I like families as much as the next person, indeed, I love my own birth and marriage families a lot. I’ve been married for over 35 years, and I see that as a good thing. And in a world where there are a lot of dysfunctional families, broken families single parent families, extended families, it is understandable that there might be a colossal over-reaction to this broken reality by conservative religious folk who highly value the physical family. This sort of over-reaction can be seen amongst Catholics, Evangelicals, Mormons, and more. And the great danger is of so prioritizing and idolizing the physical family that you turn it into a golden calf, and worship at its altar. Of course, I am not speaking totally literally, but often the ‘put family first agenda’ comes perilously close to this sort of narcissistic form of idolatry and self-worship.
In fact, the Bible, and especially the NT, does not encourage us to put the physical family first. It does not encourage us to lift up visions of Biblical Womanhood that suggest that the ‘highest calling of a Biblical woman is to be a wife and a mother’. Frankly, this is entirely false and a bad theology, especially a bad theology of calling. Let’s consider first some basic building blocks of NT thinking.
FIRST MAJOR POINT: The Greatest and highest commandment for all human beings, male or female is—- ‘to love the Lord your God with your whole heart, soul, mind and strength, and to love your neighbor as yourself’. Now you will notice that nothing is said here about family. Nothing at all. The tandem of God and neighbor to whom we should direct our love is matched by that same tandem in the Lord’s prayer where we ask God for forgiveness of our transgressions just as we forgive anyone who transgresses against us.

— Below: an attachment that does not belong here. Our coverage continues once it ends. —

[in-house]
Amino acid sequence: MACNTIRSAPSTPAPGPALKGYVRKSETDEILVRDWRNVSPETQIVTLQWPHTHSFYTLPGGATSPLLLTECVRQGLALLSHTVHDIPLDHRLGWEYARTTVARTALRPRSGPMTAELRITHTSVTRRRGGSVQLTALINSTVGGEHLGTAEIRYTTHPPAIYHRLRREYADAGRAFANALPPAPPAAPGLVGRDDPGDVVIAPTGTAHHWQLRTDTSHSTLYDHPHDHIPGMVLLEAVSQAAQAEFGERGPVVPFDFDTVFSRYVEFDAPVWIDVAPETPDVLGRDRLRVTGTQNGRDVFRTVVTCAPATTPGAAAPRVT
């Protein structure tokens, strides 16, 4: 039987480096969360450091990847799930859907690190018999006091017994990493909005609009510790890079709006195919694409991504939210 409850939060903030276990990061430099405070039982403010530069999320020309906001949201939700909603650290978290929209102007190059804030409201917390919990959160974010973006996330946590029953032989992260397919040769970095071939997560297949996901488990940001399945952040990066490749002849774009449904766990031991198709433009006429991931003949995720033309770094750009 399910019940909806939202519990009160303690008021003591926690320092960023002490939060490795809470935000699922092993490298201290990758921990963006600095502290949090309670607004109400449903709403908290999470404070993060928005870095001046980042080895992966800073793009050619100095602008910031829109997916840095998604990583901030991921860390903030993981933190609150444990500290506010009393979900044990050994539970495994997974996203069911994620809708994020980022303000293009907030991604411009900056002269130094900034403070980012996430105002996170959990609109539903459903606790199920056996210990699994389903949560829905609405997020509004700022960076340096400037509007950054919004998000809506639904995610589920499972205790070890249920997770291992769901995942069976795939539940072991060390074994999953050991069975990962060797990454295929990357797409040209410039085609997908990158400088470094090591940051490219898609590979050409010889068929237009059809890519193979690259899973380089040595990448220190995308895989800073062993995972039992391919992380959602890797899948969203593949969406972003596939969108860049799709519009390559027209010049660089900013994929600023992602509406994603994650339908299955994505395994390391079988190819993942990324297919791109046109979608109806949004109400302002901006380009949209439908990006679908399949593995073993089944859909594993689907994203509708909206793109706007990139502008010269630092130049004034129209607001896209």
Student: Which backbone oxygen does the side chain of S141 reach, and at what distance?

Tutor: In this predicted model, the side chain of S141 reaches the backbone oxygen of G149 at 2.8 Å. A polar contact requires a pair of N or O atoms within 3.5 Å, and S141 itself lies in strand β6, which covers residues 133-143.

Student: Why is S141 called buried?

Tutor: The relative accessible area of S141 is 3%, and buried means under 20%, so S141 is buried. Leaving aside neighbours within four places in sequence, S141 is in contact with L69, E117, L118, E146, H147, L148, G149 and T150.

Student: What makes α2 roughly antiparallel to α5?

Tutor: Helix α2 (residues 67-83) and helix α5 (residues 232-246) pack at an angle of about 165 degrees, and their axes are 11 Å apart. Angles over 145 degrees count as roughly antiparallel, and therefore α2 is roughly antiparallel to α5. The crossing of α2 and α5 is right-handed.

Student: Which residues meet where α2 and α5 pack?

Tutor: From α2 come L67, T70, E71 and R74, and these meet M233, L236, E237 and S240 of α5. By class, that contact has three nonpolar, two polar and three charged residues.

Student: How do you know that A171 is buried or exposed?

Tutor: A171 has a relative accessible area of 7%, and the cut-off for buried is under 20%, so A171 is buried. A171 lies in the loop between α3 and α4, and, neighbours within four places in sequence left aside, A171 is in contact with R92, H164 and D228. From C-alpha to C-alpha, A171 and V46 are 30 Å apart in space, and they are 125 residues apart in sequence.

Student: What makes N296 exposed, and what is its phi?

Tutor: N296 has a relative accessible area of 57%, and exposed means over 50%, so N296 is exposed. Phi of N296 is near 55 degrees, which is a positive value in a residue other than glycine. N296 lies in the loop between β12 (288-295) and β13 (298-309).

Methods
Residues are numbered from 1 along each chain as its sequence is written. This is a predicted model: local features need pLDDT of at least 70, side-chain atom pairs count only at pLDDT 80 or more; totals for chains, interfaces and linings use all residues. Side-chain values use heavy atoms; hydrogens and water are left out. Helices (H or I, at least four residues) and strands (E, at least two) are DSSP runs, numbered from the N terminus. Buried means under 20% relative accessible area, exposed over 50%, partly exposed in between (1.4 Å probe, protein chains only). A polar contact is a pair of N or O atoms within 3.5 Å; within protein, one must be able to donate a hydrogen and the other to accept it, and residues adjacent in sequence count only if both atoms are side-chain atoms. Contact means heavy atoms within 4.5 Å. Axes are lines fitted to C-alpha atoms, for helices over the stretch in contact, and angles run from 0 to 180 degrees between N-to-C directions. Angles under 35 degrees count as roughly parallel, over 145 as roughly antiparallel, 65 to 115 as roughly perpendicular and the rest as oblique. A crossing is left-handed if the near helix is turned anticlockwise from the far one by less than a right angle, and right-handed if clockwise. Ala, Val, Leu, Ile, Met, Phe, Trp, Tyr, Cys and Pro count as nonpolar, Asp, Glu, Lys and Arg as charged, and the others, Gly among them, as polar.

The highest calling of all human beings is loving God, and loving all other human creatures. Of course the latter category includes our physical family, but it certainly does not prioritize them such that we are commanded to love family above or to the neglect of neighbor.
If the highest calling of all Christians is to fulfill the great commandment, perhaps the second highest is to fulfill the great commission, which involves all of us, male and female, making disciples of all nations— just as Jesus commissioned all his original male and female disciples to do. You will notice that the Great Commission of Jesus in Mt. 28 is not a restatement of the original commandment to Adam– ‘be fruitful and multiple’. The multiplication Jesus is talking about involves evangelism, not baby making.
SECOND MAJOR POINT: Throughout the Gospels Jesus talks about his family of faith— whoever does God’s will is to be called his mother, brothers, and sisters. This is especially clear in a text like Mk. 3.31-35 (and par.) but it can also be seen at the cross in John 19 where Jesus uses the family of faith language to tell the Beloved Disciples to relate to his own birth mother as his spiritual mother, and he tells his own birth mother that the Beloved Disciple is now her spiritual son. The point is simple, and it was taken very seriously in the Jesus movement– the primary family is not the birth or marriage family, which one would sometimes have to leave behind to be a true follower of Jesus as various of Jesus’ disciples did (and which Jesus promised replacements for in the Kingdom).